NEWS WORTH NOTING: New report: Delta water supply impacted by human use protections and capacity significantly more than endangered fishes; Feinstein, Speier to EPA: Explain reversal of Redwood City salt plant determination

New report: Delta water supply impacted by human use protections and capacity significantly more than endangered fishes

89% of Delta water flow into Bay was to combat salinity or due to water flows exceeding export capacity. Less than 1.5% related to Delta smelt.

From the Bay Institute, the San Francisco Baykeeper, and The Nature Conservancy:

New findings published in the journal San Francisco Estuary & Watershed Science, reveal that water exports from the South Delta were limited by infrastructure and water quality concerns far more often than protections for endangered species. During the 2010-2018 study period, 89% of Central Valley water flowing into San Francisco Bay was the result of salinity control and infrastructure constraints on water exports compared to less than 1.5% caused by endangered species act safeguards specific to protection of Delta smelt from entrainment in the export pumps.

“Safeguards for the San Francisco Bay estuary’s six endangered fish species led to relatively small increases in freshwater flow to the Bay,” said Greg Reis, staff scientist for The Bay Institute and lead author of the research article. “In two of the nine years we studied, protections for Delta Smelt did not limit water exports for even a single day — the effect on water supplies of protecting this unique species, which functions as an indicator of overall ecosystem health, is far less than what’s commonly reported.”

Reis added, “Most of the water flowing out of the Delta to San Francisco Bay exceeds system capacity in wet years, and in dry years is needed to keep salt away from Delta farms and state and federal export pumps in order to protect human uses of this water.”

Analyzing long-term trends regarding the factors that governed water export facilities in the Delta, researchers from The Bay Institute, The Nature Conservancy, and San Francisco Baykeeper found that data do not support the much-publicized narrative of fish vs. farmer which significantly overstates how much endangered species regulations have impacted the amount of water that is exported from the Delta.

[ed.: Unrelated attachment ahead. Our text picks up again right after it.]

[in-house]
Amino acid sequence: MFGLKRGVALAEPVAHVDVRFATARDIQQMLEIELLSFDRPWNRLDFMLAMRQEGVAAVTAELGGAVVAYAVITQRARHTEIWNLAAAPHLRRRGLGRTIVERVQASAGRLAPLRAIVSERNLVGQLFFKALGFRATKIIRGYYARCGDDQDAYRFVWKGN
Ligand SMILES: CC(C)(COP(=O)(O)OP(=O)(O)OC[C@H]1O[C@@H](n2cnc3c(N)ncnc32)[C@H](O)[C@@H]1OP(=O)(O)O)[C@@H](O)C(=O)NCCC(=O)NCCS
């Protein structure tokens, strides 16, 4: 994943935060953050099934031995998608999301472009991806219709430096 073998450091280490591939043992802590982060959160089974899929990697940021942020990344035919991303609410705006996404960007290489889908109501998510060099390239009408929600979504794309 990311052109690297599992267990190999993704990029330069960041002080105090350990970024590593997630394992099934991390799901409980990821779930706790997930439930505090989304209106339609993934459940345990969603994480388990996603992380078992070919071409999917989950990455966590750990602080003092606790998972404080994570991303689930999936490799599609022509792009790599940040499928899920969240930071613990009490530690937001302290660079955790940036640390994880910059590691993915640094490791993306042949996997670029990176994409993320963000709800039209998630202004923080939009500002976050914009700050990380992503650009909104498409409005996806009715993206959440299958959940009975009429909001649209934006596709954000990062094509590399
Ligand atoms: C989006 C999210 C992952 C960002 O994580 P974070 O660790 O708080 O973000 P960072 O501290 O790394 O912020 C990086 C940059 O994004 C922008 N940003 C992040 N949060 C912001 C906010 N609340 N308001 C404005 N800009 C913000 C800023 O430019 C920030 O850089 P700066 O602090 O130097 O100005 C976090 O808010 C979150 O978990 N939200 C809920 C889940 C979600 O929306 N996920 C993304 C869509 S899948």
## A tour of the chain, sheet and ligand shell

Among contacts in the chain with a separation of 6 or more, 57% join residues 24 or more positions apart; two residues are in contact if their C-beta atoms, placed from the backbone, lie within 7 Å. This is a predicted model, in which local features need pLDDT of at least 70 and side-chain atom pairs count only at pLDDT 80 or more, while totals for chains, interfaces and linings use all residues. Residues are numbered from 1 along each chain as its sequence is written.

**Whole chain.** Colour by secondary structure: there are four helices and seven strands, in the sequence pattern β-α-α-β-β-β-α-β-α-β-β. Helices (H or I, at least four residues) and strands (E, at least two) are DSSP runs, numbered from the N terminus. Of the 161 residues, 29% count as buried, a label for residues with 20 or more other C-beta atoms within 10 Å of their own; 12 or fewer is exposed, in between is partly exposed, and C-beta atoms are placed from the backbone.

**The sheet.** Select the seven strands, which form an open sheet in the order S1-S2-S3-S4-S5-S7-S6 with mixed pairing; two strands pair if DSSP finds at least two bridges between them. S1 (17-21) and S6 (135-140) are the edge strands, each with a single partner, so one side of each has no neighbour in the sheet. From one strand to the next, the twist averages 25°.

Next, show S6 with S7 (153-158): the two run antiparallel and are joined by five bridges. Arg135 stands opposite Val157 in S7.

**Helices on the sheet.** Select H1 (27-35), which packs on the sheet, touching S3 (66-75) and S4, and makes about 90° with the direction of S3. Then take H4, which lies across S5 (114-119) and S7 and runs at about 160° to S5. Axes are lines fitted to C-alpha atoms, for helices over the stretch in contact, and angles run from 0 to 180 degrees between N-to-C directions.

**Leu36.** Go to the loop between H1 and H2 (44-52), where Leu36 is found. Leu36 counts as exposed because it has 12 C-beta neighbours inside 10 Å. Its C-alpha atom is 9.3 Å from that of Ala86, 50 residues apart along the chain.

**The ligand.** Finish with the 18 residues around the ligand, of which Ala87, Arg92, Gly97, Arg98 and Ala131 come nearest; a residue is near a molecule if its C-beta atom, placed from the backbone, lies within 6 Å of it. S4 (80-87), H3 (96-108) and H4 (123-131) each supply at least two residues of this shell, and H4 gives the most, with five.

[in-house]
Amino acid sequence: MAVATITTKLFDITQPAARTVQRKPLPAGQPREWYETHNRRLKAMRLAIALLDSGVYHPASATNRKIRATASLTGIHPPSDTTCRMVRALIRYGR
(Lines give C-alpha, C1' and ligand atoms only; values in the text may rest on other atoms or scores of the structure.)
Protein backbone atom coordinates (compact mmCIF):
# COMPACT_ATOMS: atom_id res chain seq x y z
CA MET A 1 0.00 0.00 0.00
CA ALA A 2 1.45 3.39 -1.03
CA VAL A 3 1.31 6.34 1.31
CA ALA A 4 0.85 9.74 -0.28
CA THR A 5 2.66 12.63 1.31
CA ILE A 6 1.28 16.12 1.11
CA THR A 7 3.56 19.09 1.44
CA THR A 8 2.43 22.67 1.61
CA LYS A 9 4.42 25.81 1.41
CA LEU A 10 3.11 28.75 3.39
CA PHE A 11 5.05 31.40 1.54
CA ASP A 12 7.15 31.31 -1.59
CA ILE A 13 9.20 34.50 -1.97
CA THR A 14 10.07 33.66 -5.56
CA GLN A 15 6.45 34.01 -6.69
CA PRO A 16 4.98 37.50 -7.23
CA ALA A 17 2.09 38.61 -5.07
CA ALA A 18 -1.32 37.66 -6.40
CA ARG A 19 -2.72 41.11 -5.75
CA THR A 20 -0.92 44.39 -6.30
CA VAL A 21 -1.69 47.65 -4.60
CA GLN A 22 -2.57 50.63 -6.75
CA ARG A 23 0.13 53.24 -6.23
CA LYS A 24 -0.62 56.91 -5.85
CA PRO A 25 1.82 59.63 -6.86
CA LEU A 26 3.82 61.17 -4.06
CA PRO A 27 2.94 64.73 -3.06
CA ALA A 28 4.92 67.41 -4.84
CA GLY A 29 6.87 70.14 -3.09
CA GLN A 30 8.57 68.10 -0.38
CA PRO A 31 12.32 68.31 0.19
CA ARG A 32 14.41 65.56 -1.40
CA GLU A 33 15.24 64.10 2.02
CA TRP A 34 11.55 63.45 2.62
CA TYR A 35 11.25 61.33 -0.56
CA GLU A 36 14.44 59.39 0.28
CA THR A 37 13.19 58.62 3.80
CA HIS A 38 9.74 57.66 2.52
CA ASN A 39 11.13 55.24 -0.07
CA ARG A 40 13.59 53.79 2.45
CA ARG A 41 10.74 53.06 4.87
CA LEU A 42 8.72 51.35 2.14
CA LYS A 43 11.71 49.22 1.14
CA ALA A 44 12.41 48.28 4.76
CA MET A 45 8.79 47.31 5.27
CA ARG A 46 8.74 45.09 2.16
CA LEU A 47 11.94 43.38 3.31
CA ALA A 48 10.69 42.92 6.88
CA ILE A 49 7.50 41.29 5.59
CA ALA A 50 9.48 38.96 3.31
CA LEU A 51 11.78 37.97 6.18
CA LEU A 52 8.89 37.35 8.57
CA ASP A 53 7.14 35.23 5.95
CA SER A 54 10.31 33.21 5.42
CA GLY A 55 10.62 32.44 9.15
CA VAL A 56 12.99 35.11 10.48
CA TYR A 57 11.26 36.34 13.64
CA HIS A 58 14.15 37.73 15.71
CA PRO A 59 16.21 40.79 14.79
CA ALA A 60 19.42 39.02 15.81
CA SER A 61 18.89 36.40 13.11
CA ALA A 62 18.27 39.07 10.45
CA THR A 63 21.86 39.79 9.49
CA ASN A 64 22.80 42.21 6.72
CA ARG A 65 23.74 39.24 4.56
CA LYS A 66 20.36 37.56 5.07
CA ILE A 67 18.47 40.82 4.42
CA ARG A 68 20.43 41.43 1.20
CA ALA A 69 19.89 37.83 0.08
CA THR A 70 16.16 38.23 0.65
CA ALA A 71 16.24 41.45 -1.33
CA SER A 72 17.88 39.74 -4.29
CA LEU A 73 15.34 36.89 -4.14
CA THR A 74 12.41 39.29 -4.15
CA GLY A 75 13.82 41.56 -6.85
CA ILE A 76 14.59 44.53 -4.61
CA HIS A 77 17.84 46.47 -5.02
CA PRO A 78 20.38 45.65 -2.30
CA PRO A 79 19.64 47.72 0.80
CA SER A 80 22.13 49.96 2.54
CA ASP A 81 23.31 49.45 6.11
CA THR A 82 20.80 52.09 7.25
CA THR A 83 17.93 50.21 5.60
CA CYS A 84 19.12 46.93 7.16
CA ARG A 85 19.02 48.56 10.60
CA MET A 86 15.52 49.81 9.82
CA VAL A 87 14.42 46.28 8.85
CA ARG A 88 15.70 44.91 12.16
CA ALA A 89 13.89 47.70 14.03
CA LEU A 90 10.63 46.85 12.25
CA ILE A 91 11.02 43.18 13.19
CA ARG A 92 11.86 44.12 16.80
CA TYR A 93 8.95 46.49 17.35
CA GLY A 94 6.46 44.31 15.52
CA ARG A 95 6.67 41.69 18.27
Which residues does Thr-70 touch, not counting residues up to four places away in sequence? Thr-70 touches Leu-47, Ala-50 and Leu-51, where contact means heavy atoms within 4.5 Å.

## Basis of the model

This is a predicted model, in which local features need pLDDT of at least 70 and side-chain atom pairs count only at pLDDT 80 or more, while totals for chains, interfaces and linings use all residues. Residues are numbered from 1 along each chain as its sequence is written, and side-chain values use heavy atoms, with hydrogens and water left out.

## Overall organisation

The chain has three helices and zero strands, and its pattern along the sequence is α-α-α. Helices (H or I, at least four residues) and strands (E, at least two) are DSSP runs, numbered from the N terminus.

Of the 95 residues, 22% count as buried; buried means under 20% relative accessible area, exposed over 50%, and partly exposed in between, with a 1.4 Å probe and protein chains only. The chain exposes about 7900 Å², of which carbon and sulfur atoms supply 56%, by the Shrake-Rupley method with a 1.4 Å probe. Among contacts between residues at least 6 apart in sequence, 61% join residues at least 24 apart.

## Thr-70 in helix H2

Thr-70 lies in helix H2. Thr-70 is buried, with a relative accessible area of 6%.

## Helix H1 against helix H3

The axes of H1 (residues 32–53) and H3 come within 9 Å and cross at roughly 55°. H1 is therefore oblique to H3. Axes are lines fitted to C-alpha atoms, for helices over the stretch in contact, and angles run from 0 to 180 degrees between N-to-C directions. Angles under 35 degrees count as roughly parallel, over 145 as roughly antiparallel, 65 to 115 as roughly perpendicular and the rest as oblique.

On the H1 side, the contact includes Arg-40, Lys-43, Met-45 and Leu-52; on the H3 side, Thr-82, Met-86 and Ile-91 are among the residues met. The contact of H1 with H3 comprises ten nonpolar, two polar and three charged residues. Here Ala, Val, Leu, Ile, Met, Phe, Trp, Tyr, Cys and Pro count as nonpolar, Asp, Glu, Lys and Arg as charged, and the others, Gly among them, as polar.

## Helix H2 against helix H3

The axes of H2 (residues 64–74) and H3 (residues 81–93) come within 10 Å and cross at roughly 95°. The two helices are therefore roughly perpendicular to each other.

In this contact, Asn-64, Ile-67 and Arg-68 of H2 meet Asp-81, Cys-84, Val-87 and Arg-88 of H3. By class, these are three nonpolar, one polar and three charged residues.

“Despite water quality regulations that are intended to protect fisheries and wildlife populations in general, and endangered species act protections for the most imperiled fishes, the proportion of Central Valley river flows that make it all the way to San Francisco Bay has been declining for decades,” said Dr. Jonathan Rosenfield, Senior Scientist at San Francisco Baykeeper and co-author of this study. “Currently, Californians divert, on average, about 1/2 of the ecologically critical winter-spring runoff that would otherwise flow into San Francisco Bay, and the fish, wildlife, and water quality that rely on this water are suffering as a result.”

For years the narrative of water usage in the Delta has been driven by the contention that water use by agriculture was being limited by environmental regulations. But, access to data regarding those claims has been extremely challenging. Though data were publicly available, the data were scattered in various locations, often in ad-hoc fashion without context, which led to misinformation being inadvertently amplified.

Improved access to, and clear context for, data presented by state and federal agencies is critical to preventing unfounded claims from filtering into government water policy.

“Given the ongoing conversation, it was surprising to see how low the numbers actually are,” said Dr. Jeanette Howard, Director of Science, at The Nature Conservancy’s California Water program. “But, what this study clearly shows is that we need more transparency and public access to data when it comes to understanding our water in California. As temperatures rise and we see wider swings between wet and dry seasons across the state, we need to base our decisions around usage of this critical resource in reality.”